TV review: Game of Thrones 4.3 — “Breaker of Chains”

Game of Thrones Breaker of ChainsThe so-called “game of thrones” is, at its most basic, a numbers game, as “Breaker of Chains” reminds us over and over again this week. Gold and men are what matters in Westeros. If you have the first, you can get the second. If you have the second, you’ve got a chance at ruling the seven kingdoms. If you have neither, you’re screwed. Just ask Stannis, who learns of Joffrey’s death this week and realizes his claim on the throne grows weaker all the time. He needs one or the other in a hurry, or he’ll have missed his shot at the crown. The Night’s Watch needs men too. Mance Rayder and his army are coming, and the only thing delaying a probable onslaught is the fact that Mance isn’t aware that the Watch are drastically under-staffed. Even Tywin Lannister, who basically sits atop the standings in the Westeros sweepstakes, knows you can never have enough soldiers ready to die for your cause. He doesn’t take even a moment to mourn Joffrey’s death before finding a way to use it to his political advantage. Appointing Oberyn Martell as one the judges who will decide Tyrion’s fate is step one in forging an alliance between the Lannisters and the kingdom of Dorne.

Yep, everyone seems to know it all comes down to basic accounting. Especially Daenerys, who arrives at the city of Meereen to make its slaves a simple offer: Overthrow your masters, come fight at my side, and you will be free. Once they see all the broken collars and busted chains that Daenerys has catapulted into the city in a rousing final scene, how could they resist? I’m still not used to New Daario, but I never seem to tire of the Queen of Dragons pulling into cities controlled by uppity rich slave owners and royally fucking up their shit.

If Daenerys provided this episode’s feel-good moment, there’s no doubt who was responsible for its opposite. Early on in the hour, Jaime Lannister rapes his sister/ex-lover Cersei next to their son Joffrey’s still-fresh corpse. Yeah, it’s just as awful as it sounds, and I can’t imagine a more uncomfortable scene airing in a televised drama this year. It’s off-putting in so many ways, not the least of which is because it seems like one of the show’s primary missions over the last two seasons was to redeem Jaime. But why bother spending so much time breaking down and rebuilding the character when you’re heading to a point that’s just as despicable as Jaime pushing Bran out of the window back in the series’ first episode? And, yes, I know Cersei’s well-being isn’t at the top of anyone’s list of concerns — moments before the rape she’s practically ordering Jaime to kill Tyrion – but this was still a particularly nasty bit of business and a reminder of just how harsh a show Game of Thrones can be. (See also: Tonight’s brutal assault on a small village by Ygritte’s band of Wildlings.)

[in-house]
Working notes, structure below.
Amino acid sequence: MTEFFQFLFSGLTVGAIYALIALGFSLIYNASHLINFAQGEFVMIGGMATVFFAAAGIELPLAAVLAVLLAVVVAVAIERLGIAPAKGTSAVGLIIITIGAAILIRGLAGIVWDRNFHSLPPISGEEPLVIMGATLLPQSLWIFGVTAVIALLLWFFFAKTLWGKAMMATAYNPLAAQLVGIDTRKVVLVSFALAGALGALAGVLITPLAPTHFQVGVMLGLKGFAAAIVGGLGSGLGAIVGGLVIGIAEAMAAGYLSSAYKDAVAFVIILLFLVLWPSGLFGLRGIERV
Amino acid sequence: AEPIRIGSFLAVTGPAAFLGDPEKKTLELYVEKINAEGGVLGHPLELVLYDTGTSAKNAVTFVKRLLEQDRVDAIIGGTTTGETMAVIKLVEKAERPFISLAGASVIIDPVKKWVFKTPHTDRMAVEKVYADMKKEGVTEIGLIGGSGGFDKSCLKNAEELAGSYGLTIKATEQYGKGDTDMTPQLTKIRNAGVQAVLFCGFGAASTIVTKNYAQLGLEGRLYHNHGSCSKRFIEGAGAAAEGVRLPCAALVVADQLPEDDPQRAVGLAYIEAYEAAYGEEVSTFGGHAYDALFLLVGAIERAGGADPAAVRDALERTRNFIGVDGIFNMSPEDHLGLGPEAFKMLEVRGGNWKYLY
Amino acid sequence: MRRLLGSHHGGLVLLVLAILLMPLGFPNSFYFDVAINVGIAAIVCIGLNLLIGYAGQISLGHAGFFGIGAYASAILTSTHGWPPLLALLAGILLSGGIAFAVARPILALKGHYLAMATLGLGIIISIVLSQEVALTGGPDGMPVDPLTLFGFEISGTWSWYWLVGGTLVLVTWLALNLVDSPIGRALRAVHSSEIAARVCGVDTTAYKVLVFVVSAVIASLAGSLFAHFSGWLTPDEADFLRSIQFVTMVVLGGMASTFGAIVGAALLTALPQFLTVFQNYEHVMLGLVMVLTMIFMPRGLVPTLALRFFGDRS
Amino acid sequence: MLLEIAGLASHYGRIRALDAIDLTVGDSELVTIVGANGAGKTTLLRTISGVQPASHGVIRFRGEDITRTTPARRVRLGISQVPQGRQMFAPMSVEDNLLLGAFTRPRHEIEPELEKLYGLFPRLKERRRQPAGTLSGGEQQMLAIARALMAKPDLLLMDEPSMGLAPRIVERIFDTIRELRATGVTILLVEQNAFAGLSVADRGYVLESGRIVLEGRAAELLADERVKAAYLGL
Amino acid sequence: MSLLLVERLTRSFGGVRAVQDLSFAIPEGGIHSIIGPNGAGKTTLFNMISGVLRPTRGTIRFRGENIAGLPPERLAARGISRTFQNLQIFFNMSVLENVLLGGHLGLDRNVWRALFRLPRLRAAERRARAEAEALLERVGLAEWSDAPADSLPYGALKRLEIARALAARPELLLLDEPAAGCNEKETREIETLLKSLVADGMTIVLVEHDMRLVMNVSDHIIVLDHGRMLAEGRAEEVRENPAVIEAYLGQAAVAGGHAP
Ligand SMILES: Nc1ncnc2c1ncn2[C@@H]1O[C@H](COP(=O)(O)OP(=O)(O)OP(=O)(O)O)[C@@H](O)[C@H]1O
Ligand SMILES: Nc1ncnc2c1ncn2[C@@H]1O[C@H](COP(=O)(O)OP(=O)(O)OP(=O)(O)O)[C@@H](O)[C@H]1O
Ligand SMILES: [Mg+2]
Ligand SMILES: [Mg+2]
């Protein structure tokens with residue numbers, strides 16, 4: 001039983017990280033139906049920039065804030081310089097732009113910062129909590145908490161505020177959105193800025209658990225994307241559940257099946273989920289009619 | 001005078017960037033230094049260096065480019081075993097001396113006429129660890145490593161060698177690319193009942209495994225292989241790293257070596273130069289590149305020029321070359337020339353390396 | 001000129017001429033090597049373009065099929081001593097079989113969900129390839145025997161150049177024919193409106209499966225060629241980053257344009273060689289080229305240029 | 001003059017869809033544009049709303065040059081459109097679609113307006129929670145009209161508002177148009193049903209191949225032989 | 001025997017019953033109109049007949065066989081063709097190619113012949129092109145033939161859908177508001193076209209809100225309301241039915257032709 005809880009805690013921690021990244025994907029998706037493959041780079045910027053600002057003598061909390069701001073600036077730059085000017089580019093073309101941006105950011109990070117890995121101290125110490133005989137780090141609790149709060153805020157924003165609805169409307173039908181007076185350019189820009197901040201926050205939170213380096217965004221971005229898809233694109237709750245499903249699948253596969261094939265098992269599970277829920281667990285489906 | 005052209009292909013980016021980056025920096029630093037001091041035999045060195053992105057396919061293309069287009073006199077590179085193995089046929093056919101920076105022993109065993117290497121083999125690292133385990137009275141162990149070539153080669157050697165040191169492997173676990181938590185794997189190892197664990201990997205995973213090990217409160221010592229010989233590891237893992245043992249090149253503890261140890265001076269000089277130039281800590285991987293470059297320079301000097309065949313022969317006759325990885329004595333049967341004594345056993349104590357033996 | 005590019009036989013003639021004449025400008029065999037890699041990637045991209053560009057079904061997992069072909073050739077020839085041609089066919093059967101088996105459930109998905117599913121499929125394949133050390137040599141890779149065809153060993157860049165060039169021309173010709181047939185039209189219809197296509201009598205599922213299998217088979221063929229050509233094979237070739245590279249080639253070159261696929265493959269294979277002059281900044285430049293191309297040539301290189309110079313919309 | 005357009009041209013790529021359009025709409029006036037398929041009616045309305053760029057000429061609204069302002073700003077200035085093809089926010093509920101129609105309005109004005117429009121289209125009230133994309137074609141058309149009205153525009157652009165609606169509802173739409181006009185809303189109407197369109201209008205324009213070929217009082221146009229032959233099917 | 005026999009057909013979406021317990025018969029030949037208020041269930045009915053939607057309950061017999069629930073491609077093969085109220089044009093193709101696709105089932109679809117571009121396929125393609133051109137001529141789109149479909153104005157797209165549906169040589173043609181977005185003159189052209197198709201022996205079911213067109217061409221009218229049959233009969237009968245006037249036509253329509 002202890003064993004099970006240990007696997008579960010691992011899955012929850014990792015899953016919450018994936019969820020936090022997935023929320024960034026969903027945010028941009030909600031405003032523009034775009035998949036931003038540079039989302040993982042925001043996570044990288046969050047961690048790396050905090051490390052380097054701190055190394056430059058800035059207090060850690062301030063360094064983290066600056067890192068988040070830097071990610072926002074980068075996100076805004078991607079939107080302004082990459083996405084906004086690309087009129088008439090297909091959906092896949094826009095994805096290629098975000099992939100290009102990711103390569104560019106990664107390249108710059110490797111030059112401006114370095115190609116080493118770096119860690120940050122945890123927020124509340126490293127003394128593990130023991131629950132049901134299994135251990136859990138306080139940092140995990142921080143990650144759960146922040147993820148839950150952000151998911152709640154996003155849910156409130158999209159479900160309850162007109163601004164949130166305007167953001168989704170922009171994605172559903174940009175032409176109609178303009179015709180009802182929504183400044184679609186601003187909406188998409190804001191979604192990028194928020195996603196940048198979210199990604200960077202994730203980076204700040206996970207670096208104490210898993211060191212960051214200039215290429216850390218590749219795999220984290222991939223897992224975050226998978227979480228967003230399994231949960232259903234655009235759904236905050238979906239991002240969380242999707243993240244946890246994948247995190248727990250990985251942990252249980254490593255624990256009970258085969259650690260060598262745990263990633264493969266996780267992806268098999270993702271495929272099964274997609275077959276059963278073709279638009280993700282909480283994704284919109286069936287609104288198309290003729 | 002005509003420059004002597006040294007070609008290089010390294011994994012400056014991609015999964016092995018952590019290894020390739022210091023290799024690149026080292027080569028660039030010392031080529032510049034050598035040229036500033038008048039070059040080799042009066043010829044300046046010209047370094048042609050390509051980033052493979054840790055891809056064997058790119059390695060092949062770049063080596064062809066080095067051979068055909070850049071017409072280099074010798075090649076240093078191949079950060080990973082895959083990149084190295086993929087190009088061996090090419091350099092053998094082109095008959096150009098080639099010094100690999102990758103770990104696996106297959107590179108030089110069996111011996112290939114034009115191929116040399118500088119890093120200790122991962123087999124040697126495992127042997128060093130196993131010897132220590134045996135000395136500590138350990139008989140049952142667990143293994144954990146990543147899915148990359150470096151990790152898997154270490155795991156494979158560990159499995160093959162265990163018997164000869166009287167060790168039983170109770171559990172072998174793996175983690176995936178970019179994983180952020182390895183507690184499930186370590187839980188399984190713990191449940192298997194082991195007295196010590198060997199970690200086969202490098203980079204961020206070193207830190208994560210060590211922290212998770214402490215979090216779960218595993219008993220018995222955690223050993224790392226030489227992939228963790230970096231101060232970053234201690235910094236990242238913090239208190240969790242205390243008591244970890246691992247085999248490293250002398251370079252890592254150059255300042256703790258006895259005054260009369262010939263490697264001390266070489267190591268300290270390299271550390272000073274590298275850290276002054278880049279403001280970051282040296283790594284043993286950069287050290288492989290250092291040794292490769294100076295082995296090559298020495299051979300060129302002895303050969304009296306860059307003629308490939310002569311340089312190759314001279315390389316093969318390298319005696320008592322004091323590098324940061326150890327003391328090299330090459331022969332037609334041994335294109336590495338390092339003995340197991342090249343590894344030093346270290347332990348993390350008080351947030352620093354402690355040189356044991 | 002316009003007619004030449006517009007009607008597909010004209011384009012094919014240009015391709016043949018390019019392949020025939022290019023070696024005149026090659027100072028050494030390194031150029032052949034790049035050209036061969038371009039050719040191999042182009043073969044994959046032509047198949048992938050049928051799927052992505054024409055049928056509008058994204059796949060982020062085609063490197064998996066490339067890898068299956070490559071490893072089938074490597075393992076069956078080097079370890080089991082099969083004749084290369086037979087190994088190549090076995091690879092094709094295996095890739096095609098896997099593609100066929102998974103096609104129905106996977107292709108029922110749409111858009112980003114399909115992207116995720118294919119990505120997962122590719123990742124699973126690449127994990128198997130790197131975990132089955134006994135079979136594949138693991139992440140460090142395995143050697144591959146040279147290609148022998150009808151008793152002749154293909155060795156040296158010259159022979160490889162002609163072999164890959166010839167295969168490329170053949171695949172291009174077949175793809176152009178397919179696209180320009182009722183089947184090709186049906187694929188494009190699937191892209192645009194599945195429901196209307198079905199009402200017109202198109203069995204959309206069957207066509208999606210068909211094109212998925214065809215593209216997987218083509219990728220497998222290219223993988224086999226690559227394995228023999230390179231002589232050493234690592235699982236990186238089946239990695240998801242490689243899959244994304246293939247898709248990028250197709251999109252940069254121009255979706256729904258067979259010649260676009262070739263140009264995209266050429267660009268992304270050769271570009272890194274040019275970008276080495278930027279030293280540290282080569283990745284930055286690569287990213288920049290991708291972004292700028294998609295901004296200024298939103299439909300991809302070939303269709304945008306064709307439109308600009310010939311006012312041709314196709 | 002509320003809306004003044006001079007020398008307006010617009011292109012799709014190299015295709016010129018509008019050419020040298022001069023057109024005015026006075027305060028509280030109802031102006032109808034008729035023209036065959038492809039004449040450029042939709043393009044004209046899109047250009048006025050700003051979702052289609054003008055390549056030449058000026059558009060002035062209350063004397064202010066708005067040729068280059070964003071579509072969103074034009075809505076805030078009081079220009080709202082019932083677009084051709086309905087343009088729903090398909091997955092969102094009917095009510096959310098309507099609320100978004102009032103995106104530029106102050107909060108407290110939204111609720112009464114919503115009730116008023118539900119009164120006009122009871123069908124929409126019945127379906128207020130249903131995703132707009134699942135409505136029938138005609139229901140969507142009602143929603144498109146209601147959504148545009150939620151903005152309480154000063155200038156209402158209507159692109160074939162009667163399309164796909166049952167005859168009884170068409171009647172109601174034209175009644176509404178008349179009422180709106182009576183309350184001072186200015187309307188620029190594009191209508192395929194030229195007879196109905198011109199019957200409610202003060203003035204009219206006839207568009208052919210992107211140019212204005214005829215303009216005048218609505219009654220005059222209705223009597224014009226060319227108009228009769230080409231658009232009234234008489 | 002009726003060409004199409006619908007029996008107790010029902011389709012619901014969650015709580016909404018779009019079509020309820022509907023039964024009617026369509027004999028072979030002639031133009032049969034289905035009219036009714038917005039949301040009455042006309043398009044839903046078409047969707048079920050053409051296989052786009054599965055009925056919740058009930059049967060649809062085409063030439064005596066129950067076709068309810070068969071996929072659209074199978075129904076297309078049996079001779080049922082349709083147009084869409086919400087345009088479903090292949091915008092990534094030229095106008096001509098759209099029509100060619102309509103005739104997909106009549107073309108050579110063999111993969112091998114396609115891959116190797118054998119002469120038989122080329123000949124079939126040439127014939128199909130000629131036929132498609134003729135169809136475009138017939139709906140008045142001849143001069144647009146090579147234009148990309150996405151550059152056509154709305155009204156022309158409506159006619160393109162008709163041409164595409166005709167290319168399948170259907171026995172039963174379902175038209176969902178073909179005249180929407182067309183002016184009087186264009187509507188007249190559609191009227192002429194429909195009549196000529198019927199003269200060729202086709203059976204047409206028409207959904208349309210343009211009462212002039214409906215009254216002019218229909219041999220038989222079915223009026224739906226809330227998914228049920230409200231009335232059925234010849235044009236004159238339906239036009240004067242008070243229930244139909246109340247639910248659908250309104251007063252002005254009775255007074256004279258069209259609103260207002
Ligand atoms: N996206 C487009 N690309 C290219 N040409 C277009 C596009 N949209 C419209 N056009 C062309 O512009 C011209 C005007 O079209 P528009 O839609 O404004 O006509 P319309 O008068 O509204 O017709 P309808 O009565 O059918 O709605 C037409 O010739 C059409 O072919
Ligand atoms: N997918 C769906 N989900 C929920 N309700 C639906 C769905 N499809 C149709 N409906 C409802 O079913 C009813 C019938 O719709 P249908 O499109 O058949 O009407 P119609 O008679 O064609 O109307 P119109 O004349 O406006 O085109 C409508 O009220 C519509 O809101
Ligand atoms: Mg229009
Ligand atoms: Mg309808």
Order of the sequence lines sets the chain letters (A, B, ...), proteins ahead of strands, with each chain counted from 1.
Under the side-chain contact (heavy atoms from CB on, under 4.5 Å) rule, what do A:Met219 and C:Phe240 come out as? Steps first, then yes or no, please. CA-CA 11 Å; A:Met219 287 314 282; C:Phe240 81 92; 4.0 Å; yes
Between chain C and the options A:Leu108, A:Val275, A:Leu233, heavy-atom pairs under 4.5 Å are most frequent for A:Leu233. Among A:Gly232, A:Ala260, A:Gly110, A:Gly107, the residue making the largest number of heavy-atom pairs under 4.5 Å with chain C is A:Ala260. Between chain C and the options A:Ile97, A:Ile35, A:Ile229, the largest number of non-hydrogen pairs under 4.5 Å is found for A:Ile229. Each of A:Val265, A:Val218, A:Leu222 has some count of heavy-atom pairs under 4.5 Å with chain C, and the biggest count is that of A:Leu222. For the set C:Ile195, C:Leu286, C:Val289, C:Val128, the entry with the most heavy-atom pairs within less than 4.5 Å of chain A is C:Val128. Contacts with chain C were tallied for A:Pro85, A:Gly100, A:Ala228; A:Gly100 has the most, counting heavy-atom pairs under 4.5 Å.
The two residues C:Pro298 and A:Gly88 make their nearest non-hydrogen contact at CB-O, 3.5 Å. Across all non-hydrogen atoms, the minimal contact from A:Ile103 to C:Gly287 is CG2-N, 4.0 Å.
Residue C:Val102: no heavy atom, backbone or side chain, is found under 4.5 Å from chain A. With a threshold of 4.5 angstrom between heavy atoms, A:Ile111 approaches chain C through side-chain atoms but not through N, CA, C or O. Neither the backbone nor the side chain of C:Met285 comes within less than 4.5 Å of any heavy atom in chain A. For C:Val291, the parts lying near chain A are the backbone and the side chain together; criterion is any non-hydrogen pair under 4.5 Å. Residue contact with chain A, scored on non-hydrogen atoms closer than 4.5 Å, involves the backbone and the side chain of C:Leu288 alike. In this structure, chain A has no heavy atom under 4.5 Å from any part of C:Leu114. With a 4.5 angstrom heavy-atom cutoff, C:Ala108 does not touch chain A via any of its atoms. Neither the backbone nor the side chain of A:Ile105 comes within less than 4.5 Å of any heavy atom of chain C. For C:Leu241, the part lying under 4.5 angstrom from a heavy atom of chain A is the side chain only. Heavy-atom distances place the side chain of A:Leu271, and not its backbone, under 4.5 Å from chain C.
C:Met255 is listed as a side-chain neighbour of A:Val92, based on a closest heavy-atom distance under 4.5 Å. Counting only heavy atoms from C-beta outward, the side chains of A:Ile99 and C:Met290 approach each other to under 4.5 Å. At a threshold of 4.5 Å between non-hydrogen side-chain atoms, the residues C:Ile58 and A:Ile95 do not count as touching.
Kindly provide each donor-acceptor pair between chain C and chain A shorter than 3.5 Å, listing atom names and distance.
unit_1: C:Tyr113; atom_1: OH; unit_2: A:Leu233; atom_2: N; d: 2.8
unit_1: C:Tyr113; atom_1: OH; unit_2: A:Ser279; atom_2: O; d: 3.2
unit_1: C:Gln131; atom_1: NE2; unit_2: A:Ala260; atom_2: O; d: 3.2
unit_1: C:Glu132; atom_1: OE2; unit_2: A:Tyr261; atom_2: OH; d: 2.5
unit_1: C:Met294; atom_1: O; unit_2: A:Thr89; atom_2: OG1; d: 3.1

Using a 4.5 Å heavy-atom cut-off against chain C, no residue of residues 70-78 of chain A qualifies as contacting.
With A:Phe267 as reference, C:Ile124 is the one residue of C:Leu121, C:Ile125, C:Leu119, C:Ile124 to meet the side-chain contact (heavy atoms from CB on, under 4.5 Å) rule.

Elsewhere on the Lannister front, Tywin is busy readying Tommen to be the new king. Wait … who the heck is Tommen? Well, he’s Joffrey’s brother, and don’t kick yourself if you forget he existed because I forgot too. Part of the problem with adapting a hugely complex, densely populated series of books is that the writers tend to ignore background characters who aren’t central to the main plot. But then problems can arise when a background character is suddenly brought to the foreground, as Tommen will apparently be. (For the record, he appeared intermittently during the first two seasons, sat last year out and has now been recast for the current season.) This issue grows even larger when the books are being adapted into a TV show that has seasons spaced a full year apart. Maybe Tommen’s suddenly reappearance won’t feel as jarring once Game of Thrones has wrapped and we all can quickly binge-rewatch the entire series, but as it stands, his reintroduction felt sloppy tonight.

The rest of the episode hummed along as usual though. Sam doesn’t feel good about Gilly and her baby hanging out at Castle Black, so he shuffles them off to live at a nearby town that seems way, way worse. Arya and The Hound continue their journey but still don’t see eye-to-eye on how to deal with strangers they meet on the road. Tyrion sits in a jail cell, weighing his options and freeing his squire, Pod, from any further obligations, lest it cost Pod his head. (Their scene together is genuinely touching, thanks to more strong work from Game of Thrones MVP Peter Dinklage.) And Sansa gets scooped up by Littlefinger, who apparently played a big part in Joffrey’s murder. Because of course he did. How did I not see that coming?!

A few more thoughts on “Breaker of Chains” …

– Smart move opening this episode with the same image of Joffrey’s lifeless face that closed out the last episode. It’s like they knew I wanted to see it and smile just one more time.

– Last week, I wondered if Joffrey’s death meant Margaery is now the queen. As it turns out, she’s wondering the same thing. Olenna seems to indicate it’s a bit of a grey area since the wedding was never consummated. (I should have known nothing’s official in King’s Landing until somebody gets laid.)

– “Money buys a man’s silence for a time. A bolt in the heart buys it forever.” I believe you can find these words of wisdom on page 46 of Littlefinger’s Guide to Surviving Westeros.

– “Just point out the next map shop that you see, and I’ll buy you one.” Oh, Hound, you’re so funny when you’re not beating and robbing poor innocent farmers.

– I know Daenerys’ dragons are hell on the show’s CGI budget, but now that they’re so large, isn’t it a bit odd when you don’t see them flying around her army? Where are we supposed to think the dragons are hanging out during those scenes in which they do not appear?

– I sort of think “The Ominous ‘They’” would have been a better title for this episode. Don’t you?